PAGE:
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SEM photos ofArgasidaeNote:mammillae in flexible exoskeleton,mouthparts attached between legs, not visible from aboveLife cycle (Ixodidae): egg-larva-nymph-adultLarvae have 3 pairs of legs, nymphs and adults 4 pairsAdult females feed once, lay single large batch of eggsArgasid tick life cycleCan be quite variable between species, but note:Multiple nymphal stages (as many as 8 in some species, usually less)Adults take many small blood meals (15-30 minutes)Many reproductive cycles in female’s lifetimeSexes can be distinguished in ixodid ticks by presence/absence of a scutumArgasid ticks lack a scutum, so determining sex harderMating:Soft ticks: occurs off the hostHard ticks: occurs on the host, except for Ixodes wheremating occurs both on and off the hostIxodid (hard) ticks locate hosts by questingIxodes holocephalus Engorged femaleVolume increases >10x; water is extracted and returned to host, so blood volume consumed 3+mlsIxodid tick adult females attach, feed for 10-14 daysIxodes eggsFemale adults (ixodid ticks) take one large blood meal, convert entire meal to 600-1000+ eggsLarvae sometimes called “seed ticks” due to small sizeNote 3 pairs of legsIxodes scapularis (Deer tick, Blacklegged tick)Three-host tick: (most ixodid ticks)Two-host tick (eg. Haemiphysalis)One-host tick (eg. Boophilus microplus)The point is to discuss opportunities for horizontal transmission, picking up pathogens from onehost, transferring to a different host later. Often larvae, nymphs use small hosts eg rodents, adultslarge hosts. A couple of adult ticks would kill a rodent.Implications of tick life cyclesThree host ticks:Usually exploit small hosts (eg rodents, rabbits, etc) as larvae, nymphs, larger hosts (deer, cattle)as adultsRelated to blood meal volume (one adult could kill a rodent, less blood = less eggs)Switching between hosts, host species increases opportunities for horizontal transfer ofpathogensTwo host ticks:Same host exploited as larva, nymphOnly one opportunity for horizontal transmission, unless vertical transmission also occursOne host tick:Same host exploited by all life stages (larva, nymph do not drop off host to molt)How can these ticks be disease vectors if all blood meals are taken from the same individual?Routes for transmission of pathogensSaliva, Regurgitation, Coxal Gland, and RectumDiseases associated with argasid ticks (Ornithodoros (pajahuella tick))Bite of pajahuella tick (Ornithodoros)Bite causes swelling, itch/pain in sensitized patientsSelf-resolvingTick Borne Relapsing Fever (TBRF)Western USA:Pathogen: Borrelia hermsi, B. parkeri, B. turicataVector: Ornithodoros hermsi, O. parkeri, O. turicataAfrica: mainly B. duttoni vectored by O. moubata complexOther species and vectors in AsiaIntrinsic incubation period 2-18 daysInitially high fever (up to 106o F), chills, headache, muscle and joint pain, nausea, dizziness,vomiting, increase over 4-6 days,Subsequent “flush” phase: temp falls, profuse sweating, blood pressure may fall dangerously;then symptoms resolveSymptoms return, each cycle 7-14 daysMortality 1-8%; locally infection rate can be high (up to 38% in 1-year-olds; may beneurological complicationsDuring the years 1990-2011, 483 cases of TBRF were reported in the western U.S., withinfections being transmitted most frequently in California, Washington, and Colorado.More common in AfricaTreatment: tetracycline type antibiotics eg doxycyclineOrnithodoros hermsi tends to be found at higher altitudes (1500 to 8000 feet) where it isassociated primarily with ground or tree squirrels and chipmunks.Ornithodoros parkeri occurs at lower altitudes, where they inhabit caves and the burrows ofground squirrels and prairie dogs, as well as those of burrowing owls.Ornithodoros turicata occurs in caves and ground squirrel or prairie dog burrows in the plainsregions of the Southwest, feeding off these animals and occasionally burrowing owls or otherburrow- or cave-dwelling animals.Why do symptoms relapse? Antigenic variationBorrelia expresses an antigenic glycoprotein on it’s surface. About a dozen open reading frames(ORFs) for such proteins are in genome, but only one promotor, so only ORF linked to promotoris expressed.Borrelia proliferate, leading to onset and increase in symptomsHost develops immune response, begins to kill bacteria, symptoms abateA few Borrelia undergo genetic rearrangement (different ORF linked to promotor), begin toexpress a different surface antigen.Host immune system initially doesn’t recognize new antigen, so bacterial population increases,symptoms returnHost immune system begins to recognize new antigen, cycle repeats (7-14 days/cycle) (up to 10cycles in untreated patients)Cycles continue until bacteria repeat old antigens for which host already has antibodies; at thatpoint immune system can eliminate infectionContrast with Trypanosoma brucei gambiense & T. b. rhodesiensis (causative agents of Africansleeping sickness): also use antigenic variation, but have vastly larger repertoire of genes (severalthousand) plus recombination results in supply of new antigens that never run out.Diseases caused by or vectored by hard ticks:Tick paralysisLyme disease and related diseasesRocky Mountain Spotted FeverMonocytic EhrlichiosisGranulocytic EhrlichiosisBabesiosis- Powassan and other virusesDeer ear heavily infested with Amblyomma americanumSevere infestations can lead to anemia, reduced resistanceto disease. Ticks tend to aggregate. Why?Why? 1. only certain areas of exposed skin, so ticks accumulate there, and2. Some ticks, esp. Amblomma americanum, secrete aggregation pheromone, attract more ticksto feed. Why? Saliva inhibits hemostasis, immune responses. More ticks feeding in 1 spot =better blood flow, better suppression of immune responseTick ParalysisAscending flaccid paralysisCaused by neurotoxin in tick salivaUSA: mainly Dermacentor andersoni, D. variabilisOften not diagnosed correctly; can be can be confused with Guillain-Barre syndrome, botulism,and myasthenia gravisMortality rate up to 10% if untreated; occasional cause of significant mortality in livestockBigger issue in Australia: “Paralysis tick” Ixodes holocephalusResolves in hours following tick removalLyme diseaseNamed for Old Lyme, Connecticut; described in 1975Causative agent Borrelia burgdorferi described in 19822-30 days after bite, rash termed Erythema migrans usually appearsnot seen by 40-60% of patientsIf untreated, progresses to muscle pain (myalgia),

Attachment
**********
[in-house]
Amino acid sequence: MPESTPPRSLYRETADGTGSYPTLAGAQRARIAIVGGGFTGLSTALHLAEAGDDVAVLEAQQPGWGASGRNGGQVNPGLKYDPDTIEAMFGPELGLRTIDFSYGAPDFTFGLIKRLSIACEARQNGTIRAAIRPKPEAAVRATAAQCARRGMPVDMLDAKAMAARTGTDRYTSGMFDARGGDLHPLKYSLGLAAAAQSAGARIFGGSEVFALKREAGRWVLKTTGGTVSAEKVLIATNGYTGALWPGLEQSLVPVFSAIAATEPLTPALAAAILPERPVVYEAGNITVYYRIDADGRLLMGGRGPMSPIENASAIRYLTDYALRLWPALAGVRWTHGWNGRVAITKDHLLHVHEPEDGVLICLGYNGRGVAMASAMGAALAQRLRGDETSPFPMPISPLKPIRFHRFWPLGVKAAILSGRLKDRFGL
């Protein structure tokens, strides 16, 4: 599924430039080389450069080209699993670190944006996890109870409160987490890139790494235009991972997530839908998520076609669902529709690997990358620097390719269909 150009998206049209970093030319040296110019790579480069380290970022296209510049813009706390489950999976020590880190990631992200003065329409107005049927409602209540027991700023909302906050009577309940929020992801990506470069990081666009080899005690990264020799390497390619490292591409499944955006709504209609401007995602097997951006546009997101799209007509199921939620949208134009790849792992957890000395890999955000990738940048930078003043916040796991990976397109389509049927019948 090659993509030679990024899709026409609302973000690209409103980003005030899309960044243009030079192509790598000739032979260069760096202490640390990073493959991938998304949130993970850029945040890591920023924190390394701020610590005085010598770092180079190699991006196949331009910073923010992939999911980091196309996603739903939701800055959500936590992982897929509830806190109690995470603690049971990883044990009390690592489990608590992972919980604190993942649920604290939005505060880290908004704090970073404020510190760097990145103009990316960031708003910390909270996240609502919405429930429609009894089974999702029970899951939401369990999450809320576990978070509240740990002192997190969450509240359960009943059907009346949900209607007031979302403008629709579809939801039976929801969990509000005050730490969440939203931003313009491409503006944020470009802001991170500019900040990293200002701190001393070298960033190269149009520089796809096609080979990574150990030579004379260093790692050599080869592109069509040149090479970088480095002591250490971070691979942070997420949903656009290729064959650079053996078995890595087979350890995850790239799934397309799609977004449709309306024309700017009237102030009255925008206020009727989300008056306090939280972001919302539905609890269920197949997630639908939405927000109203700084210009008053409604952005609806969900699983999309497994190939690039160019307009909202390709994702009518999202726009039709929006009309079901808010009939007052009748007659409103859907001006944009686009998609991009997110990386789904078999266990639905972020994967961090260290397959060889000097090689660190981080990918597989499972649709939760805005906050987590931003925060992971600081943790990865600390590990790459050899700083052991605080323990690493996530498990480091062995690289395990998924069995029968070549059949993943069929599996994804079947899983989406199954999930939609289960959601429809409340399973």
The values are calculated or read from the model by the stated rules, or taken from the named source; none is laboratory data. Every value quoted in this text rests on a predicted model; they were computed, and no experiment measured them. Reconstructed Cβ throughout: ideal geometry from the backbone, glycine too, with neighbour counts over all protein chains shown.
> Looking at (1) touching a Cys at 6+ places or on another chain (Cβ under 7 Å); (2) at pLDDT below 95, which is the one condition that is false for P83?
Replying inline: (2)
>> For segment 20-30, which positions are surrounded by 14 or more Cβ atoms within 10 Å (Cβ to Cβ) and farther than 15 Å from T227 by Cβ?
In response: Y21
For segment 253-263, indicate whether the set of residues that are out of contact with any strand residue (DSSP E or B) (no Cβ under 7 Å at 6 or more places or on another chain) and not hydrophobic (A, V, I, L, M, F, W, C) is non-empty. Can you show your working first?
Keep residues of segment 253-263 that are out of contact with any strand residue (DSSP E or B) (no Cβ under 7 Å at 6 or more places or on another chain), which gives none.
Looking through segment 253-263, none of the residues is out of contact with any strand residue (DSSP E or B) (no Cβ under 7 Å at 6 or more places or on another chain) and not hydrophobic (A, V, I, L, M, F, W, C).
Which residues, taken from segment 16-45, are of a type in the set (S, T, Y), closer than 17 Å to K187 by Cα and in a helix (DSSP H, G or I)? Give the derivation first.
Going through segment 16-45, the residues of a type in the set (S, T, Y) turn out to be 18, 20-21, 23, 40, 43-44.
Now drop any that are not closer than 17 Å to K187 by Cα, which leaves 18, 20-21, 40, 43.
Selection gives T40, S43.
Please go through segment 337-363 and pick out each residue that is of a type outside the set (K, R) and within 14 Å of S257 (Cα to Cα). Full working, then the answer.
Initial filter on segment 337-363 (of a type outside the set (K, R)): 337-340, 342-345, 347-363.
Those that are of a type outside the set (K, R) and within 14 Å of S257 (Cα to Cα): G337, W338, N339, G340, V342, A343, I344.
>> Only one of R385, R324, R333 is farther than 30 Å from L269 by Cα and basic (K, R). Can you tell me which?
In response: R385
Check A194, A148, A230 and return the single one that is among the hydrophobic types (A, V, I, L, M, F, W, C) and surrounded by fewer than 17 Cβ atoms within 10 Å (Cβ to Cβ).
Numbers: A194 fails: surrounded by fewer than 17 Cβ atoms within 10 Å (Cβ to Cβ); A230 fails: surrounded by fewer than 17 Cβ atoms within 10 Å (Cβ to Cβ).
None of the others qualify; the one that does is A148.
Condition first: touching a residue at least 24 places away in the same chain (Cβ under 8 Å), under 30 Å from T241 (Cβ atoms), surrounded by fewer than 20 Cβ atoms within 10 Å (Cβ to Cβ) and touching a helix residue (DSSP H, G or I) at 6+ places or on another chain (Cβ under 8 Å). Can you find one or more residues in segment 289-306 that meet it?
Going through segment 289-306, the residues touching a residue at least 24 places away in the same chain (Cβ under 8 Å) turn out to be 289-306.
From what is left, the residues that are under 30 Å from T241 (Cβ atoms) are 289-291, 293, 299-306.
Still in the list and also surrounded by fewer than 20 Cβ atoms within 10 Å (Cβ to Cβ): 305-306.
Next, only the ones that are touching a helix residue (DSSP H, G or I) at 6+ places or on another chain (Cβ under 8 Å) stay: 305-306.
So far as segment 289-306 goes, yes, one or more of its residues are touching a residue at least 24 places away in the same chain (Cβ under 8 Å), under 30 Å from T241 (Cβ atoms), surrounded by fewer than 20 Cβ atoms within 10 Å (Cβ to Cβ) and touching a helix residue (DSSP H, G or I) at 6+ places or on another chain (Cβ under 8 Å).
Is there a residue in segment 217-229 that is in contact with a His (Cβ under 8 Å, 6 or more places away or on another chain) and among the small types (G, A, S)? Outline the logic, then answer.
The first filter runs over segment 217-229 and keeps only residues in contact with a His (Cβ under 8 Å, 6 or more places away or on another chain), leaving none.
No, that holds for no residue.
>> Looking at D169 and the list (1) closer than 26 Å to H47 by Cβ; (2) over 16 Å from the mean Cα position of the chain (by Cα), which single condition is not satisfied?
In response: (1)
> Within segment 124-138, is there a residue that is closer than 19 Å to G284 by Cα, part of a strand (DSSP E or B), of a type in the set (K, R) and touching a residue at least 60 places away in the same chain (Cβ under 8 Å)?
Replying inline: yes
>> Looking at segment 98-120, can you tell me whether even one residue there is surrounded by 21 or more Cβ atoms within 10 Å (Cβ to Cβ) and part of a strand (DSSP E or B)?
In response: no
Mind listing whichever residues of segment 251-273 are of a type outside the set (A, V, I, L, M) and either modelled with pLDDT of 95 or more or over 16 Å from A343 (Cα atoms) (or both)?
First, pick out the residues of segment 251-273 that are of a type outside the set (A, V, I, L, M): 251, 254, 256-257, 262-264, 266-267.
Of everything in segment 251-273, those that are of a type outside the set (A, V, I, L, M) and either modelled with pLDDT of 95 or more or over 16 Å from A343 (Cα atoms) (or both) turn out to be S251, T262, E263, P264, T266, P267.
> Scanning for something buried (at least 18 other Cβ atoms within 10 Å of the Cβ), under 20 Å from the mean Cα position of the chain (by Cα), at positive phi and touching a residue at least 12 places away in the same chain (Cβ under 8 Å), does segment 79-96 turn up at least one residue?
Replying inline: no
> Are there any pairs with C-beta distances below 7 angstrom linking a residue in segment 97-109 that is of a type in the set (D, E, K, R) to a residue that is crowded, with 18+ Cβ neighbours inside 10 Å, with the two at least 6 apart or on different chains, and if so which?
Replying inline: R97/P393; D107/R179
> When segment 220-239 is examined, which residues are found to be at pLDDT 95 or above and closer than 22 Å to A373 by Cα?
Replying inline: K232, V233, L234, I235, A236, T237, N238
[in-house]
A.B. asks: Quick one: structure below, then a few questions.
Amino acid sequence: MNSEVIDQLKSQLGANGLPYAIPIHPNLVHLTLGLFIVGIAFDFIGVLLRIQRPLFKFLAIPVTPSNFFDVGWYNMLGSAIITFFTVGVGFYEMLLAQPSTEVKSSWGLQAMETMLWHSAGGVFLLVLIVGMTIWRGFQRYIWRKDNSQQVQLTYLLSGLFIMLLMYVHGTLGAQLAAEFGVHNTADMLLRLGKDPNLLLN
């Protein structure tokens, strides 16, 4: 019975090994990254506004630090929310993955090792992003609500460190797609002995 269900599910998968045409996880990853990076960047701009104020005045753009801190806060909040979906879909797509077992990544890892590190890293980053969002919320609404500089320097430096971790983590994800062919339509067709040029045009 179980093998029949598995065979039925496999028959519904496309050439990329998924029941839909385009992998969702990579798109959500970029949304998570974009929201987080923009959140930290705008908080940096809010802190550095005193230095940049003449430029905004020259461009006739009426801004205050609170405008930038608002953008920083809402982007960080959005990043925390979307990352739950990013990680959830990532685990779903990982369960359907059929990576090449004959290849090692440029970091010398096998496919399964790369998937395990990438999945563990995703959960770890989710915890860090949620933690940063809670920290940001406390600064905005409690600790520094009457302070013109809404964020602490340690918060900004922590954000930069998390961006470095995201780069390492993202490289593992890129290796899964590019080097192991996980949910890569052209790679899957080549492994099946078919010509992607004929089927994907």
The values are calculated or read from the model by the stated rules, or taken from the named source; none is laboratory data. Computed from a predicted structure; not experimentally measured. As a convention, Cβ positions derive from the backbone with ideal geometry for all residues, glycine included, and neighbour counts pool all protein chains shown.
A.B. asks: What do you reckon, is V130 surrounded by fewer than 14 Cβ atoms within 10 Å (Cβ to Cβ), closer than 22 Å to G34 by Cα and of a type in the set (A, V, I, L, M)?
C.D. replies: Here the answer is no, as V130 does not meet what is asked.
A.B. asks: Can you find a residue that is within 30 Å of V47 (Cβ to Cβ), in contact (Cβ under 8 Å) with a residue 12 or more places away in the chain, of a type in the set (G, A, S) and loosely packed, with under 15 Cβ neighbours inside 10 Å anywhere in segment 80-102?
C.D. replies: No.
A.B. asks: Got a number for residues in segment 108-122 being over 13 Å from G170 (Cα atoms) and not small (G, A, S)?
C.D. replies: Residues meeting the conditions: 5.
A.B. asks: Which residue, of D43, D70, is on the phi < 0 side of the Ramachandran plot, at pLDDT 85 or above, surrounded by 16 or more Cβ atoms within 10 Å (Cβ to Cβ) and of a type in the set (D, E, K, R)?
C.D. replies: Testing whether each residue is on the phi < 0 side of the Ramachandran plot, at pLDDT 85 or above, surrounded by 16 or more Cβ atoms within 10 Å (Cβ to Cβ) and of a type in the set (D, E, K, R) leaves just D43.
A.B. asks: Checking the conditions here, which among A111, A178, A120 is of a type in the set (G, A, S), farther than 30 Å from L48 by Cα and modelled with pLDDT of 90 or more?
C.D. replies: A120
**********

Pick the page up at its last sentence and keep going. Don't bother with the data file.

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GSU BIOL 1103K - Insect Notes 2